Protecting intellectual property is essential on both an individual and enterprise level; locking your document and encrypting it with a password is one way to keep your work from being illegally reproduced and shared without authorization. If you want to share trade secrets and core processes, make sure you utilize such copyright protection features.
4. Prevent Unwanted PDF Sharing/Printing
PDF files can be easily shared. Without proper protection, they can be leaked to anyone, even those who are not authorized to access them. If you have to share information via PDF, make sure to use such tools to prevent further unauthorized sharing. This is also an issue when printing a PDF file. Fortunately, however, the same PDF tools also allow you to prevent the printing of PDF documents.
Other Ways to Protect Your PDF
Protecting your PDF with a password is by far the most convenient way to deter unauthorized document access. While it’s not foolproof, you can increase the security it offers by using it in combination with other security measures, some of which are as follows.
Watermarking has been used as early as the 13th century to claim ownership of documents. But, in the digital sense, it has some other applications such as discouraging the illegal distribution of confidential information or tracing a document in case of leakage. You can watermark your digital documents either by adding a logo, email address, or other marks that can easily be traced back to you. Another basic application of a watermark is to classify a document (e.g. confidential, sample only, copy only, etc.) This should better inform the recipient of how to better treat the file.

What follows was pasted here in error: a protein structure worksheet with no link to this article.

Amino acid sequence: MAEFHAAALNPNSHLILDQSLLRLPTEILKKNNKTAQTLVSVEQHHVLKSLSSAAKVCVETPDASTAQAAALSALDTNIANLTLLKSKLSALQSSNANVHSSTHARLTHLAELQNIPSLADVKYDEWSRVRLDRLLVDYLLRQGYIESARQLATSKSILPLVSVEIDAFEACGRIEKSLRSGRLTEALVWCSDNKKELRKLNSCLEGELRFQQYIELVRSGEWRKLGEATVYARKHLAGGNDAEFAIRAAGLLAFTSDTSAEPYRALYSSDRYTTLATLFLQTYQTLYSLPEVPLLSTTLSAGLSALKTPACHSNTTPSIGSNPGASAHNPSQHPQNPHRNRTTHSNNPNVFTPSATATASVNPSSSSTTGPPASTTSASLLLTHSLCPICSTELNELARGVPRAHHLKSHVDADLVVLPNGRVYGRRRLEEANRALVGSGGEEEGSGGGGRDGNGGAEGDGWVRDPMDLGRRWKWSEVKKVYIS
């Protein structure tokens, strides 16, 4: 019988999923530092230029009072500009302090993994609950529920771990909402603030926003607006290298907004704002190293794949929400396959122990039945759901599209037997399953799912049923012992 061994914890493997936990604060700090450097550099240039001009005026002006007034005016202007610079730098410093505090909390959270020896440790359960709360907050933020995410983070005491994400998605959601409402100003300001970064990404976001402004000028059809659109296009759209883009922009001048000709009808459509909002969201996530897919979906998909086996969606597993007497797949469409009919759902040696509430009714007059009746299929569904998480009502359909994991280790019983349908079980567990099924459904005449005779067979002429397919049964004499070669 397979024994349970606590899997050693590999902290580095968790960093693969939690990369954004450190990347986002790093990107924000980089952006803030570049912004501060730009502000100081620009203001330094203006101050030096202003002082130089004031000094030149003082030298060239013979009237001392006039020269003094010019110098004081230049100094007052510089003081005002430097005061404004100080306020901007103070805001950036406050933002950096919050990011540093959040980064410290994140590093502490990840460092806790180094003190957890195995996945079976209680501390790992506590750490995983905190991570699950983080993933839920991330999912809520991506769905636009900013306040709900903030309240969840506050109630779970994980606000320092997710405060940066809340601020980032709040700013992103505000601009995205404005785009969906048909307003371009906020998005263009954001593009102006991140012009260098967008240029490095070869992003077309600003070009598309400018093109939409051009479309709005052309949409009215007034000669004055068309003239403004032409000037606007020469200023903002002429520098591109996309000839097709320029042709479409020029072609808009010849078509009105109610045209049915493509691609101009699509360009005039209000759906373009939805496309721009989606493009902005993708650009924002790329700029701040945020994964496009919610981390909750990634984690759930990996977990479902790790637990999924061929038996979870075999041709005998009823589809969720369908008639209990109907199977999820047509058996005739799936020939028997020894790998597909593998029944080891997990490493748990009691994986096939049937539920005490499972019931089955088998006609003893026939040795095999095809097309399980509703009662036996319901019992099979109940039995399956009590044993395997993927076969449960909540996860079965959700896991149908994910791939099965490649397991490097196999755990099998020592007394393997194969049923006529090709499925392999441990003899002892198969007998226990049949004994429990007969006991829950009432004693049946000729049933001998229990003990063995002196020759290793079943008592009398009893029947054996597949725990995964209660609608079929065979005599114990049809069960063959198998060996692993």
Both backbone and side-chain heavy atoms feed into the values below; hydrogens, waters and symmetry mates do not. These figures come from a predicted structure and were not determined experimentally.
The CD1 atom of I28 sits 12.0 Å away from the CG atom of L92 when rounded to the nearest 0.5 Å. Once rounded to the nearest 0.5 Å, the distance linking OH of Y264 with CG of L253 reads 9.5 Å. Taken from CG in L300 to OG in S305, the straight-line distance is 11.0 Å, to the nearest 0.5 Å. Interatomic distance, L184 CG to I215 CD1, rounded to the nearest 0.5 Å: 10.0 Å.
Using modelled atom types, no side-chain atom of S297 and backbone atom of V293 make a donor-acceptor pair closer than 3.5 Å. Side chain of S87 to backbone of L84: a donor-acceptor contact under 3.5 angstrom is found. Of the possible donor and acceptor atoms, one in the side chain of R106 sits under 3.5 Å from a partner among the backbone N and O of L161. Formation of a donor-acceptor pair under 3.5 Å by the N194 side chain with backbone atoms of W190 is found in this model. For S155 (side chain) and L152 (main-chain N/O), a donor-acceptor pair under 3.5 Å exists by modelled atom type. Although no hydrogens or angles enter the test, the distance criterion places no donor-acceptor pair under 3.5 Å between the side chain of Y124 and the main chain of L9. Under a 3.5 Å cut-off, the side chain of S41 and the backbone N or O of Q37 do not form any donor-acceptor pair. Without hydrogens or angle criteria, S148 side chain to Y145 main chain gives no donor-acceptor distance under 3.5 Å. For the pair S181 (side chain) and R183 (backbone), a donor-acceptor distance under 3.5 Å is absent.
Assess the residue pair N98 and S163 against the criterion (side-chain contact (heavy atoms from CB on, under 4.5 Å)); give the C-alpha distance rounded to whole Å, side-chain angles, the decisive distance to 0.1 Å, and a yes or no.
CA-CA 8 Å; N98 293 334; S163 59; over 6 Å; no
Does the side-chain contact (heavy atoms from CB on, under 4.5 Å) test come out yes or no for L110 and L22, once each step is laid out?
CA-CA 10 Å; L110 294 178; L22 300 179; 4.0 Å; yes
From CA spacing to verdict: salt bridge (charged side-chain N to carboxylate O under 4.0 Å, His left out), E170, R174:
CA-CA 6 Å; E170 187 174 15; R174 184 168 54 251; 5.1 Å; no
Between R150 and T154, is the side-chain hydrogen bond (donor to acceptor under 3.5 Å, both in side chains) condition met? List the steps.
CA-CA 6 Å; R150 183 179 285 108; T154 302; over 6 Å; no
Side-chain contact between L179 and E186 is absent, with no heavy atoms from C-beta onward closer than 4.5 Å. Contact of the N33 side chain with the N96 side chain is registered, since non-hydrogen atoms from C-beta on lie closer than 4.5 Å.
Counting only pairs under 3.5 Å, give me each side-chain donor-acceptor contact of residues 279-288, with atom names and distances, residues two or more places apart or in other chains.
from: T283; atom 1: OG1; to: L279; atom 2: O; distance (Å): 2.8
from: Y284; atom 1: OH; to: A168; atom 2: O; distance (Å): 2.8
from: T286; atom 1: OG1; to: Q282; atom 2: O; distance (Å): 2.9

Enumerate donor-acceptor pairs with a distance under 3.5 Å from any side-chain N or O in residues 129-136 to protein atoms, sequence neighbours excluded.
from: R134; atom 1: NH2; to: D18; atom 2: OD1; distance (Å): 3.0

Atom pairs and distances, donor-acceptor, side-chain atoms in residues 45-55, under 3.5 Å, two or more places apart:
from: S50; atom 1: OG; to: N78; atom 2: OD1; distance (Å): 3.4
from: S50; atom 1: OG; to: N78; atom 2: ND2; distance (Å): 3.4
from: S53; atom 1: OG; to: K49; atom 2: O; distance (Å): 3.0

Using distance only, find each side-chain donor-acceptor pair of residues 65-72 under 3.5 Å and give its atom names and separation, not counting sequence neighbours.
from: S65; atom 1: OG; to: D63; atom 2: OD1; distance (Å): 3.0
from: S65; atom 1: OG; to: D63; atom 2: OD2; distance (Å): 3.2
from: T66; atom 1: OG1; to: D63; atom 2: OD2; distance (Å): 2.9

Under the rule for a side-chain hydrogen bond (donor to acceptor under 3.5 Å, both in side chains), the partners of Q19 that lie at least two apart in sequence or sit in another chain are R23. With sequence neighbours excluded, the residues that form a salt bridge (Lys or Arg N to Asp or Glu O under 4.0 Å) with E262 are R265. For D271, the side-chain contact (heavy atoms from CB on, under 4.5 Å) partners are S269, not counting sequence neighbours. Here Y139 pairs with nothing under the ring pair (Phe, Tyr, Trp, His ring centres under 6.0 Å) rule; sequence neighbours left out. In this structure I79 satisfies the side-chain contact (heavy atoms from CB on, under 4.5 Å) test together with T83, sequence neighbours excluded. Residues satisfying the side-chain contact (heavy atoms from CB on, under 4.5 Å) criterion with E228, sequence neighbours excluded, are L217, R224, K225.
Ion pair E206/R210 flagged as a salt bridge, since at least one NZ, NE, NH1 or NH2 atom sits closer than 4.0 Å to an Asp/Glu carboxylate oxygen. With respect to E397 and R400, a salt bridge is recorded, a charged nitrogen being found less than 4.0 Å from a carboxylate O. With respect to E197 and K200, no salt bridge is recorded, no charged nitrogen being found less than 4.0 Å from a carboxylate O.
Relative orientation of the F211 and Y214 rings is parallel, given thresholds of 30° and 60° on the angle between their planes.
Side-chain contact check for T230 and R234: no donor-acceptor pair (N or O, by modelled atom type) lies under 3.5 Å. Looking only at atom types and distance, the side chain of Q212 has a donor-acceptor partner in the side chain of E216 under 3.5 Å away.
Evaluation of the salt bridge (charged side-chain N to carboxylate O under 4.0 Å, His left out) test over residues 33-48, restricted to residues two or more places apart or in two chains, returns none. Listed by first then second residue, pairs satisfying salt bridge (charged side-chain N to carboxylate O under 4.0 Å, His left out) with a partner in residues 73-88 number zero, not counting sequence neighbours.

There are potential scenarios where it’s better to either revoke access to a PDF file or limit access so that it’s not permanently available to the recipient. Some examples include when an employee has left the company, a contract with a third-party provider has ended, or you have a project during which access to information must be limited within a set period. Setting an expiry date to your PDF is also helpful when you have a limited-time offer or when you want to prevent a link from being reused. All these scenarios can be managed with document expiry or self-destruct features.
Other PDF protection services include document tracking which is helpful in situations where you are transferring sensitive information and you have to be careful about how far it goes. Overall, the steps you take to secure your PDF document depend on the level of protection you require.
In addition to that, there are PDF editing tools that let you add e-signatures to your PDF document before sending it out. These e-signatures are legally binding and carry the same weight as any pen and ink signature on a paper document.
The reasons discussed above should serve as a good reminder of the potential risks involved when you don’t use any security measures with your PDF. Nevertheless, the solutions that follow let you explore your options in securing valuable data.